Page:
Ill health costs the economy at least $5 billion a year - with even bigger potential costs coming from those who drag themselves to work in spite of sickness.
Five Treasury reports published today show lower productivity from sick workers carrying on regardless costs between $700 million and $8.2 billion a year, possibly dwarfing the $4.7 billion price tag of measurable costs of public hospitals, reduced working hours and sick leave.
The reports look at physical and mental illnesses; they exclude the costs of accidents and pregnancy.
The author of the main report, Heather Holt, warns that it can't be used to draw "value-for-money conclusions" such as arguing for higher health spending, because it doesn't look at how Kiwis' health could be improved or what it would cost.
But the studies come as a Government-appointed welfare working group chaired by economist Paula Rebstock looks for ways to stop the growth in sickness and invalid benefits.
It may fill in the other half of the equation by estimating the costs of tackling beneficiaries' health problems sooner to get them back to work.
The Treasury studies are based on Statistics NZ's Survey of Family, Income and Employment ("Sofie"), which interviewed people from 11,500 households repeatedly between 2002 and this year. Only results from the first few interview "waves" are available so all costings are based on 2004-05 incomes.
The figures show that healthy people also tend to be wealthy. On average, suffering high physical discomfort cuts $13,600 from your accumulated wealth, mainly because you have to cut back on work. High psychological distress will set you back by $18,600.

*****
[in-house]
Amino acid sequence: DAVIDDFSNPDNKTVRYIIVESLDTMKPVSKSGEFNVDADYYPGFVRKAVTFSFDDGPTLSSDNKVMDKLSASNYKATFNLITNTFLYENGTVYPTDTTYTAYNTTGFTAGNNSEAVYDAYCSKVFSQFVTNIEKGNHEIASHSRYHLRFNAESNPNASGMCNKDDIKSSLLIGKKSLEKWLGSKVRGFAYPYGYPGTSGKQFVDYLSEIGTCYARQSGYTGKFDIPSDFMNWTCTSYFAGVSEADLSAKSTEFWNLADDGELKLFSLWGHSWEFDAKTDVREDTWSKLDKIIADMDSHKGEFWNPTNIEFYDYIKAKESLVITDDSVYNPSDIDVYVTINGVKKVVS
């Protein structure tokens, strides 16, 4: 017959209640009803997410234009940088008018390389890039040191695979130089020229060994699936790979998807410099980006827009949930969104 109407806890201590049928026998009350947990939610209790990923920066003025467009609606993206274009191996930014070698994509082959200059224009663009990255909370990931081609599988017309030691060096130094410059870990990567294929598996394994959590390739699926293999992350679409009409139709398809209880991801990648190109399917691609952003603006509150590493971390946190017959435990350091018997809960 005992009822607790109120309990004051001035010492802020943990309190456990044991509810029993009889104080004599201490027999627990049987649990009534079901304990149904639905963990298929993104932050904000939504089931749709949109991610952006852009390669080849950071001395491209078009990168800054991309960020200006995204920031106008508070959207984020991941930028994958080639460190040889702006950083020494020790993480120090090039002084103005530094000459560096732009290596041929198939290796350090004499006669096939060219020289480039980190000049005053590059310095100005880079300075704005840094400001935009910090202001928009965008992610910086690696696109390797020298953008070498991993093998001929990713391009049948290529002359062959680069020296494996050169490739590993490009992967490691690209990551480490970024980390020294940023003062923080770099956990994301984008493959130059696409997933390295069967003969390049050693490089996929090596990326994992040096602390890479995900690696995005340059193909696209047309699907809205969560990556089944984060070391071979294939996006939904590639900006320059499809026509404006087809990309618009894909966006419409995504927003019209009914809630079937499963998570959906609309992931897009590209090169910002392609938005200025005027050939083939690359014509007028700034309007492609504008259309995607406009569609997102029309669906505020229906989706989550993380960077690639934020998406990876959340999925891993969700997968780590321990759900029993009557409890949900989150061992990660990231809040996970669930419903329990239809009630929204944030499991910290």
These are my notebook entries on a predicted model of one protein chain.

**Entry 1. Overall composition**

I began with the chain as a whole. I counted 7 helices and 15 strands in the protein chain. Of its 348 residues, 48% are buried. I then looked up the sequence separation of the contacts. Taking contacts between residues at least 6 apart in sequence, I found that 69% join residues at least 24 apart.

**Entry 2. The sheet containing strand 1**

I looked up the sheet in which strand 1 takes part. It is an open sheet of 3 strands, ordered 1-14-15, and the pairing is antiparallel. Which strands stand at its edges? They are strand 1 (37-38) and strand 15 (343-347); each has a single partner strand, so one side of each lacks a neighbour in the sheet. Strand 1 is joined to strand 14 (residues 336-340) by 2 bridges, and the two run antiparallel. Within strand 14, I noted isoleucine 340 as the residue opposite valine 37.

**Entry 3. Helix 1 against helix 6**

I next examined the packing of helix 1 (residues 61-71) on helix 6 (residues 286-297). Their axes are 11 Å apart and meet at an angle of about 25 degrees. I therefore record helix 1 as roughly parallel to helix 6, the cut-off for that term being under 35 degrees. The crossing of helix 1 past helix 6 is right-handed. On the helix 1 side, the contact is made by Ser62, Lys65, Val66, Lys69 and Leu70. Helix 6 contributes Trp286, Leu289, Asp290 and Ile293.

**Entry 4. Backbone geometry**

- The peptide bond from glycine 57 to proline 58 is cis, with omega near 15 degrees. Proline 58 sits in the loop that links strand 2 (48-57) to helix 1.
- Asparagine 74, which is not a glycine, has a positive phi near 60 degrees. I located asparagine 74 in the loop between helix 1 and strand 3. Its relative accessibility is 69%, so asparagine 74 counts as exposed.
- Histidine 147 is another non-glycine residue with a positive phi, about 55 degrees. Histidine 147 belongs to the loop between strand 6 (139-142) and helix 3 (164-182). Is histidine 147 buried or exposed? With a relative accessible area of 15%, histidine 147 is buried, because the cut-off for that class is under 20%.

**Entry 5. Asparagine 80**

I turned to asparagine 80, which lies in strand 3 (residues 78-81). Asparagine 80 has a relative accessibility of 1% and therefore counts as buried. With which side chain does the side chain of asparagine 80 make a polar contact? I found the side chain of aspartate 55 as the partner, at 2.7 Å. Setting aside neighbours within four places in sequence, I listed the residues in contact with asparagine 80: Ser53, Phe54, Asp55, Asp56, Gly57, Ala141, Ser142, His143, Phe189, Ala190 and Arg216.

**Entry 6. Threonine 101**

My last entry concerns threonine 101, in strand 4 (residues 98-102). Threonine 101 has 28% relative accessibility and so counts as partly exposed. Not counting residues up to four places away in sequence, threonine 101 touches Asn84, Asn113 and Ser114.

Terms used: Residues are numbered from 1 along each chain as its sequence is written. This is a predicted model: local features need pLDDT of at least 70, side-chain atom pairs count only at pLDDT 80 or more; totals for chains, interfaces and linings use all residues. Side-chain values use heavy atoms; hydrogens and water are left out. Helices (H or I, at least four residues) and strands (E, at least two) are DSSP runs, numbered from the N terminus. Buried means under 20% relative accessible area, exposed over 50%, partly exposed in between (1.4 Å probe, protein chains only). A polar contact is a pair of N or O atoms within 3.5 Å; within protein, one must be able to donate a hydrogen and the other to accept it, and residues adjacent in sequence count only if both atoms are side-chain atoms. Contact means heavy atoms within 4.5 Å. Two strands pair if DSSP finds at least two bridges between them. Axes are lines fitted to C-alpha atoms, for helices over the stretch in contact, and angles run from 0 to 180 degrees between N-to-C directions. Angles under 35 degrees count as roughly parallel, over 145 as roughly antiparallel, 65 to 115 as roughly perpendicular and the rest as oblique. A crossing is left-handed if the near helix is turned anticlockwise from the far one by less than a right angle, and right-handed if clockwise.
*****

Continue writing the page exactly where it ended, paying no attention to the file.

But a surprise finding is that mental illness drives 18,400 working-aged people out of the workforce compared with only 5300 who drop out because of heart disease or 4400 for diabetes.
Ms Holt says her $5 billion-plus figure for the total costs of ill health is an under-estimate because it includes only costs that can be measured through Sofie. This excludes welfare costs, the costs of ill health for people outside the paid workforce, the lost output of carers and the costs of death.
Also, sick days are costed at $200 million based on how many people attended public hospital appointments or took at least a week off work, but Southern Cross research puts total sick days almost four times higher.
The Sofie figures suggest that sick people dropping out of the workforce altogether cost $1.8 billion a year and people cutting back on working hours cost $1.4 billion. But the studies found that almost half the adult population suffered reduced productivity through physical or mental illness in 2004-05.
Ms Holt estimated the effects for productivity reductions of between 15 per cent and 50 per cent. The mid-point of her range was $4.1 billion, or 2.7 per cent of the national income.
Counting the cost
* $1.3 billion public hospital costs
* $1.8 billion dropped out of workforce
* $1.4 billion reduced working hours
* $0.2 billion sick leave
* $0.7-$8.2 billion lower productivity at work